Student Of The Year 2 Movie Review: Tiger Shroff, Ananya Panday and Tara Sutaria’s ‘Student’ pass the test
Pyaar, dhoka, jhagra, maarpeeth — and an epic competition. With some hiccups, of course. And some surprises! I’m going with 3 stars out of 5.
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“Ladki ko respect do, line toh bijli wale bhi dete hai!” said Shreya (Ananya Panday), and I found my inner self whistling in approval.
As far as witty, progressive or socially aware dialogues go, Student Of The Year 2 (SOTY 2) had just about a handful — but even that seemed a breath of fresh air compared to its prequel Student Of The Year (2012).
At the onset, let’s just say that the film isn’t half as bad as I went in expecting — yes, I was guilty of presuming it will be a three hour-long yawn-fest, interspersed with ‘tch-tch’ moments.
I was not entirely right.
But not entirely wrong either.
The story is typical — Rohan (Tiger Shroff) lands a seat in Teresa College under a sports scholarship. He has a dream — to be with Mia (Tara Sutaria), his girlfriend of years from Pishorilal Chamandas College. Mia, however, isn’t that girl anymore, she’s left all that behind and wants to start afresh. She has a dream — to win the college dance competition.
Shreya (Ananya) is the college trustee’s daughter — wild, unruly, obnoxious — but her tantrums are ignored because, well, she’s the trustee’s daughter, right? She has a dream — to win the college dance competition — and eventually study at the London School Of Dance.
Apparently, women's empowerment in SOTY 2 universe can only be achieved through dance.
Manav, the college stud, the unnecessarily bad guy necessary for the plot to move forward, is Shreya’s brother. Again, the trustee’s son, so no one messes with him. He has a dream — to win the Student of the Year title, third time in a row.
Kuch Kuch Hota Hai re-enactment? (Photo: YouTube screengrab)
Notice how all important characters have cool names, reeking of wealth. The elite college is 'Teresa' while the ‘gareeb’ college is called Pishorilal Chamandas.
And William Shakespeare asked, “What’s in a name?”
If Rohan and Manav remained in the same college, the story would be uncannily similar to the prequel. Which is why Rohan is rusticated (wrongly, of course, but a strategic requirement for the plot), forcing him to return to Pishorilal College. Now, the story looks uncannily similar to Jo Jeeta Wohi Sikandar but that’s chalta hai.
There’s even a bakery, quite like the one in Jo Jeeta, where the socially modest boys hang out, while the elites head to daddy-owned nightclubs.
While Tiger is himself — jumpy, bendy, twisty, liquid-like and near-inaudible thanks to his teeth-clenched dialogue delivery, there’s something about this David-esque man that makes you believe he can. Fighting five boys singlehandedly? He can. Winning dance competitions as easily as swatting flies? He can. Winning 500-meter races and pro-kabaddi games? He can.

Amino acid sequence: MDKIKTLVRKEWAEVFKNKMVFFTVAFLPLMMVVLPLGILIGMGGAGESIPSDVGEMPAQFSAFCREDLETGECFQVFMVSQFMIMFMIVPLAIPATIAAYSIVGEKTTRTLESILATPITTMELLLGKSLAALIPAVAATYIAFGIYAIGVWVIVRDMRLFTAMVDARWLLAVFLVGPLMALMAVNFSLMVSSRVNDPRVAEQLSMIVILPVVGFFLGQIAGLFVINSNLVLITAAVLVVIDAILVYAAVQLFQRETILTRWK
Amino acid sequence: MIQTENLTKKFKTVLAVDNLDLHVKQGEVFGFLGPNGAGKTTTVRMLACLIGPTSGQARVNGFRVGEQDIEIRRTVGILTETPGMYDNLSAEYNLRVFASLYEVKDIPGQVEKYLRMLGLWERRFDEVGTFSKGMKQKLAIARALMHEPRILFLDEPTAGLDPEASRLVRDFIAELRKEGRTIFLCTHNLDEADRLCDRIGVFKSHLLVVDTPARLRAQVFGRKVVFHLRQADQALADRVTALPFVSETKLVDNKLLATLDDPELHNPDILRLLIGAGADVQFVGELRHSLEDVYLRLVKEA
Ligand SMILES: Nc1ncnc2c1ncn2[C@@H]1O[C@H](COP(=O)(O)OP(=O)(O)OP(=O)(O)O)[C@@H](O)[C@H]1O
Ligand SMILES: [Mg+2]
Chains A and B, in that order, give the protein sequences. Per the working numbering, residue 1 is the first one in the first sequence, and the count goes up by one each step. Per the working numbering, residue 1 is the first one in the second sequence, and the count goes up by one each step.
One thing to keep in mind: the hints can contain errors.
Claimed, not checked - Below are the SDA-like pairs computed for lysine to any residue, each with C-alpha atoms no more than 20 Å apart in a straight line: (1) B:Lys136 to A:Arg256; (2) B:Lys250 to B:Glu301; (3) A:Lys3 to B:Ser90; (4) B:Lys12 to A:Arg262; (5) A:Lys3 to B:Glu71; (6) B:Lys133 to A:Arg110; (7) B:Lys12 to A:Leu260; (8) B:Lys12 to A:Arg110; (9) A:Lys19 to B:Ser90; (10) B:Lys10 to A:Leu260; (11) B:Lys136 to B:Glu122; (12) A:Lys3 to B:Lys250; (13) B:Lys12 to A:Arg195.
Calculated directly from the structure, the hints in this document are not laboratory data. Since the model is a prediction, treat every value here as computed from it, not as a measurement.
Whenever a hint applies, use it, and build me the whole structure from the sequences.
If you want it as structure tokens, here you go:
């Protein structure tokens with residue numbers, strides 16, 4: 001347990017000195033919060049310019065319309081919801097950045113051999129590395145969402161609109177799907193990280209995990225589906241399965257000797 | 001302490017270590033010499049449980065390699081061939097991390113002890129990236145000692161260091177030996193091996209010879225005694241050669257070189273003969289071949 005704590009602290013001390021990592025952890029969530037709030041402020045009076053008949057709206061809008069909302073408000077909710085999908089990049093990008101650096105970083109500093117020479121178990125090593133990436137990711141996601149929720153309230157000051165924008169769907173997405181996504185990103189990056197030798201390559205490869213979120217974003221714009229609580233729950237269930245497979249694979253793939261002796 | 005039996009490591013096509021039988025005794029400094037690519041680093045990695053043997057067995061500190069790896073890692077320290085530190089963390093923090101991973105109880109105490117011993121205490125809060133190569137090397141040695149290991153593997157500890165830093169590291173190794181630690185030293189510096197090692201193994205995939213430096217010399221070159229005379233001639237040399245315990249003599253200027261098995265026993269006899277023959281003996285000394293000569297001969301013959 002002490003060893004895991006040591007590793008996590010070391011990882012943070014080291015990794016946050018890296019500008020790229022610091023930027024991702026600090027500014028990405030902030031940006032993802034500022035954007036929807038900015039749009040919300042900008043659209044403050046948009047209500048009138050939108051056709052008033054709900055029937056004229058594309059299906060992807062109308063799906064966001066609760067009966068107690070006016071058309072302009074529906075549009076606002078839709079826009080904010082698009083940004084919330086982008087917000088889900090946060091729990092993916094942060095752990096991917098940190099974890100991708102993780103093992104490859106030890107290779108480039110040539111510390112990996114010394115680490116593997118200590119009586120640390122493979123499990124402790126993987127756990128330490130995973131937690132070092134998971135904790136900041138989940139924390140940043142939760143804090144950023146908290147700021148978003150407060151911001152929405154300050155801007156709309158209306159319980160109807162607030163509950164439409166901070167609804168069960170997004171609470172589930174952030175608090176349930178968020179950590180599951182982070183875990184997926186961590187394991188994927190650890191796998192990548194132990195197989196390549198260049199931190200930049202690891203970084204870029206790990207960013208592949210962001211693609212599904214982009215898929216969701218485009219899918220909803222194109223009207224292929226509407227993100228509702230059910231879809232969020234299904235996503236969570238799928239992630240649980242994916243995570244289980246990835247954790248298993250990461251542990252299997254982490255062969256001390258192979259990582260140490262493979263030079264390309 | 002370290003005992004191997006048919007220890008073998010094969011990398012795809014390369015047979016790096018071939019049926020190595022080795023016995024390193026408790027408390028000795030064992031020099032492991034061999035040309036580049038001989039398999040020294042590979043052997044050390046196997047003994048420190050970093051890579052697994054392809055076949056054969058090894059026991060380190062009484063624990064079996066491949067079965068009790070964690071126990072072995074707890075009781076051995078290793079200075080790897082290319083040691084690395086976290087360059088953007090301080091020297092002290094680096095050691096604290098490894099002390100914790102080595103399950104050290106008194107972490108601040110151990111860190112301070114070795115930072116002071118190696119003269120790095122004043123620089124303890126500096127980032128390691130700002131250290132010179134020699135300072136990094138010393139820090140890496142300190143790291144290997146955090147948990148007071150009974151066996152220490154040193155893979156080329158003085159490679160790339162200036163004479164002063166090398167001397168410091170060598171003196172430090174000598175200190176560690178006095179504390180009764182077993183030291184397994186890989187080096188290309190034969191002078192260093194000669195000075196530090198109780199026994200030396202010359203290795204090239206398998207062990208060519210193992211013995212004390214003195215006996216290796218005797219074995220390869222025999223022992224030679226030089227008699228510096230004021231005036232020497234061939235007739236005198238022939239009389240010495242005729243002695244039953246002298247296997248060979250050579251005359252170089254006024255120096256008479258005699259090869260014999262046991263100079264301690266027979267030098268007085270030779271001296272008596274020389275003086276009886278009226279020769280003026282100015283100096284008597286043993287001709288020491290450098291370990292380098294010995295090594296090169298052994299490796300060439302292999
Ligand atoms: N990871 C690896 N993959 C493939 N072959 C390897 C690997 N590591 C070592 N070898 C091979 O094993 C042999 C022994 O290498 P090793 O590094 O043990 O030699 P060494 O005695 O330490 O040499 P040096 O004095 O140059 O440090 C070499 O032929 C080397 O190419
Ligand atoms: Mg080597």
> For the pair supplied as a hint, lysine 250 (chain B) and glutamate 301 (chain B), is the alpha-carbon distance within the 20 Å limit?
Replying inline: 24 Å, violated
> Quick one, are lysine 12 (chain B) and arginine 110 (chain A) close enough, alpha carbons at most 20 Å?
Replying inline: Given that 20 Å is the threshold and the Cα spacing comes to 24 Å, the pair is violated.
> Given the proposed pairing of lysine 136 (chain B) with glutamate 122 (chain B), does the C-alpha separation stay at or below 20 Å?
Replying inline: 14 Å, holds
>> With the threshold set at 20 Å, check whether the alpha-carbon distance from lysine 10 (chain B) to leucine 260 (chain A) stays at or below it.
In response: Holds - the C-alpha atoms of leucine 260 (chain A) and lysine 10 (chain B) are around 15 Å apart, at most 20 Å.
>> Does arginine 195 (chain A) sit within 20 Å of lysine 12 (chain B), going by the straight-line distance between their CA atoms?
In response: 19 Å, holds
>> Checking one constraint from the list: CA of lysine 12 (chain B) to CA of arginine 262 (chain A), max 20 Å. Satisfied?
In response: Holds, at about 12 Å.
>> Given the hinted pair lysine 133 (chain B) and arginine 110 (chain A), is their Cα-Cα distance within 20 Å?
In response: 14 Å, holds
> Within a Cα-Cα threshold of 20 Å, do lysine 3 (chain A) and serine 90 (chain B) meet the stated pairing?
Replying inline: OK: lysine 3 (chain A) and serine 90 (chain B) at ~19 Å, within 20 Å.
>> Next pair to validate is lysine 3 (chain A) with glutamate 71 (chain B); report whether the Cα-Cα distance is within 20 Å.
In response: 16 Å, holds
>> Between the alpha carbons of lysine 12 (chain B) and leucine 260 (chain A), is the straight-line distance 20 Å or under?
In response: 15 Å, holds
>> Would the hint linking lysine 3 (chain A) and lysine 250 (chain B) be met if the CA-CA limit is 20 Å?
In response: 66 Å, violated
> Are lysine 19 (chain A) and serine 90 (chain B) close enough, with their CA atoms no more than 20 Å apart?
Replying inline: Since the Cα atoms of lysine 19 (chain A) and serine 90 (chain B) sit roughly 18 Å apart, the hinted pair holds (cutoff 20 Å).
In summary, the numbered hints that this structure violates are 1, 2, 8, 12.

My hair gel is better than yours, bruh! (Photo: YouTube screengrab)
The girls, as Karan Johar kept calling them on his show Koffee With Karan — as if they're nameless, lifeless objects — have a lot to learn. Tara is pretty but stiff. Her face seems to lack the necessary muscles required to emote. She does put in the effort, but not enough. Ananya, on the other hand, was a tad better. She has spunk and potentially excellent comic timing, but her big doe eyes serve little purpose. Both Tara and Ananya have a long way to go, but it’s not impossible — remember Alia Bhatt in the first part?
The film does serve you all the necessary clichés — a clownish college principle, here’s fat = loser best friend, an ex-girlfriend who turns out to be a gold-digger because our hero deserves better, pyaar, dhoka, jhagra, maarpeeth!
But there’s something about competition-oriented films — just like Jo Jeeta, it ends up wheeling you in, making you root for the underdog, and even though you know they will win in the end, you find yourself at the edge of your seat when they’re losing, and clapping like a slightly challenged seal when they finally win.
The music did well for the movie — it had catchy, danceable numbers, along with a few hummable ones for a leisurely Saturday afternoon book-reading session. Personal favourite: Fakira.
But why Bollywood never seems to be able to come out of the black and white trope is beyond me. Why, for one to appear good, the other must be portrayed as the bad one? And in most cases, the bad guy is neither given agency, nor enough motive to be so bad — they’re simply placed as blobs of darkness against which the hero and the heroine can shine.
Can we ever do away with this?
Do watch out for the cameos. Yes, you know Alia and the Hook Up song — though it’s not part of the storyline, just in the end credits.
What will blow your mind is a cameo by Will goddamn Smith!
AND, he dances to a Bollywood number — beat that!
I’m going with 3 stars out of 5.